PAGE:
Worzel here, this is a timely story from Beatrice in Wales, any new readers to “The Saga”, now nearly five years in the compiling, and in my recent absence, who may not know, it is the simple tale of a vagabond, and his lifelong search for wisdom…
Beatrice here, What can be lower than Turtle pat in a murky pond? Life devoid of humor, I informed the dour copper as I collected the elder pair Adelaide and Benny, from yet another spell in a village cell.
Harmless jackdaws, yet cheeky at avoiding laws, “We had to get them out of a pear tree”, the police explained with a tired sigh to me. “We thought they were apricots”, said Adelaide innocently,” by a lovely yellow house”, Benny always spoke softly.
We headed home, Adelaide and Benny’s wagon and steamer trunk behind the car in tow. “Your Godfrey’s wisdom stated, “when you find yourself arrested for creating a nuisance, thank the cops and offer apples before you go”. Knowing I was irked made Adelaide more obtuse- refused to get in the seat, hands on bony hips, steadfast, Oh, but you love us, I know belched the tiny old rogue.
“Do not bandy those words lightly with me- they are part of an a long old story”.
I warned Worzel, of trusting our book to a “Modern Computery Thingy,”..where I bank, the teller behind her wicket taps an adding machine, and updates my bank book by hand. I refuse to have a phone in the cottage, I enjoy the amusing verse written on the phone box walls, outside the pub.
“Grizzle De Mundy, Bockety Old Maid, Badger up Sonsie Hedge, I have heard muttered rudely these taunts as I pass, names do not worry me, for I was childhood friend, ate beets and faced bullies at the side of future vagabond Godfrey”.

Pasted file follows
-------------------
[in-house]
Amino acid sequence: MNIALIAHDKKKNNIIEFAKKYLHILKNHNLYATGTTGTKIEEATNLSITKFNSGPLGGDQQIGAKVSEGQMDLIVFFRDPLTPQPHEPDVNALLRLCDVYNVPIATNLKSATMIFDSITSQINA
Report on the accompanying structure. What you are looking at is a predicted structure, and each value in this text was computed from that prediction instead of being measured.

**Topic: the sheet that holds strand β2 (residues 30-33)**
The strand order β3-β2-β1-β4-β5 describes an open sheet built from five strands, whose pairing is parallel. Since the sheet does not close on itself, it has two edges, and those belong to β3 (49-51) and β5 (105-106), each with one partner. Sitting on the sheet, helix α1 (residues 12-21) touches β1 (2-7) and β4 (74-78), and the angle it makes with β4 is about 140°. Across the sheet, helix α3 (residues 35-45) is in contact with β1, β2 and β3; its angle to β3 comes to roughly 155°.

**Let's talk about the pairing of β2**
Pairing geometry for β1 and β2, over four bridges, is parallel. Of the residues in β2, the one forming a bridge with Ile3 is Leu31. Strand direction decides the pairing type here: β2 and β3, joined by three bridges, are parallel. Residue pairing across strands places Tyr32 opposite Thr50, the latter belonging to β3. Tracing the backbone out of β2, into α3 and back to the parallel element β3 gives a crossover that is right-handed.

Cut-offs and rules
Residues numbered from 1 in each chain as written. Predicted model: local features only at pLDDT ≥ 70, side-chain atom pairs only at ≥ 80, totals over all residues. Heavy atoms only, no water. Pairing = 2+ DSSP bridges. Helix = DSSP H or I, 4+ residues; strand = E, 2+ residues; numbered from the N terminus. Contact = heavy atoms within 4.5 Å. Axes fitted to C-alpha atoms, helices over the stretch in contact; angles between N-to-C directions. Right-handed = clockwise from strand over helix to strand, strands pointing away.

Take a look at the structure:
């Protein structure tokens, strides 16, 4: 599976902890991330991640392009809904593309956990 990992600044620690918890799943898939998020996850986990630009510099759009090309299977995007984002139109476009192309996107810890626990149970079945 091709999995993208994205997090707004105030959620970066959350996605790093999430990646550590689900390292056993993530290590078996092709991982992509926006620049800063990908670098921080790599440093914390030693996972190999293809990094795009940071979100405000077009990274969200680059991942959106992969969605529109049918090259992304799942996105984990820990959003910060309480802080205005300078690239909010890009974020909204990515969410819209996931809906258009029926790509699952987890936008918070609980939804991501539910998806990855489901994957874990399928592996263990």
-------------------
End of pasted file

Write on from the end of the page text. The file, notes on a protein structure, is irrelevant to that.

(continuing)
Oh, but you love them, I know!. The dinner lady loomed above us, spoon full of beets, smiling down on six year old Godfrey. His faded, damp kilt was wrapped about him three times, defending his potatoes with one grubby hand, too shy to speak above whisper, “I DO NOT”…I ate a heap of beets, from then on this happened a lot.
Word spread through the “Nere Do Well”, bampot urchins in our small village, that odd little Godfrey indeed disliked beets and spoke only in rhyme. Oh but you love them the yahoos chanted while pelting him with beets in balls of snow. Most days his rubber boots left a crimson trail of beet pulp, and oft the green tops were stuffed down his wooly shirt, or in the kilt he wore below.
Oh but you love beets, you do !, sneered cruel uncle Lou, rubbing Godfrey’s nose in garden dirt. Every school day for years, at dinner hour he’d ask, “excuse me Miss, are beets in this? they lurk in lentil soup and hide in Haggis”.
He had a sister, six years older, born a prankster, Alice wrote an essay. “For The love Of Beets”, and signed it with her brother’s name. Clever with words, it was printed in the local paper on the children’s page. So appealing was the story he was asked up to read it, at the Batley town pageant on stage.
Oh, but you love them I know- Ma wedged Godfrey into itchy knitted outfits, as Alice made up songs of beets, to tease her brother, she played them loudly on the family piano. Those who never met Godfrey, often asked of us why he never, ever fought back…
Rolled he was in manure, forced to fetch his kilt from treetops, thrown down an open sewer. “I attribute in old age my healthy robust state, to the joy found hill walking, and all the childhood beets that I ate.” I ate beets Alice strung on the Christmas Tree, ate them every funeral and wedding we were dragged to. I ate them roasted on sticks, summer picnics by the sea, yes, he never lashed out. “I simply do not like beets”, was the first coherent thing, while spitting them out Godfrey told me.
I ate the beets, as I was brought up to be kind, to save him swat across his head or paddled behind.Who ate the beets as a child for you?, At your side boldly fought with sticks Autumn Apple Dragons?, Silver Top Trolls, the dreaded Outhouse Ogre Pokers?, Did it when dared to dash, and touch the bull’s snot nose?, Did someone hold your hand when teacher called you “Dim”? Held his when boiled beets were dropped on him.
It was Godfrey built fine saddles from string, and imagination, broke trail beside me, who refused to wash dishes lest it harm the fairies in the foam only oddly he could see….
Worzel wonders why when I write, I oft begin at the end of a story..Oh I loved him you know, just a lifelong habit I learned long ago from Godfrey..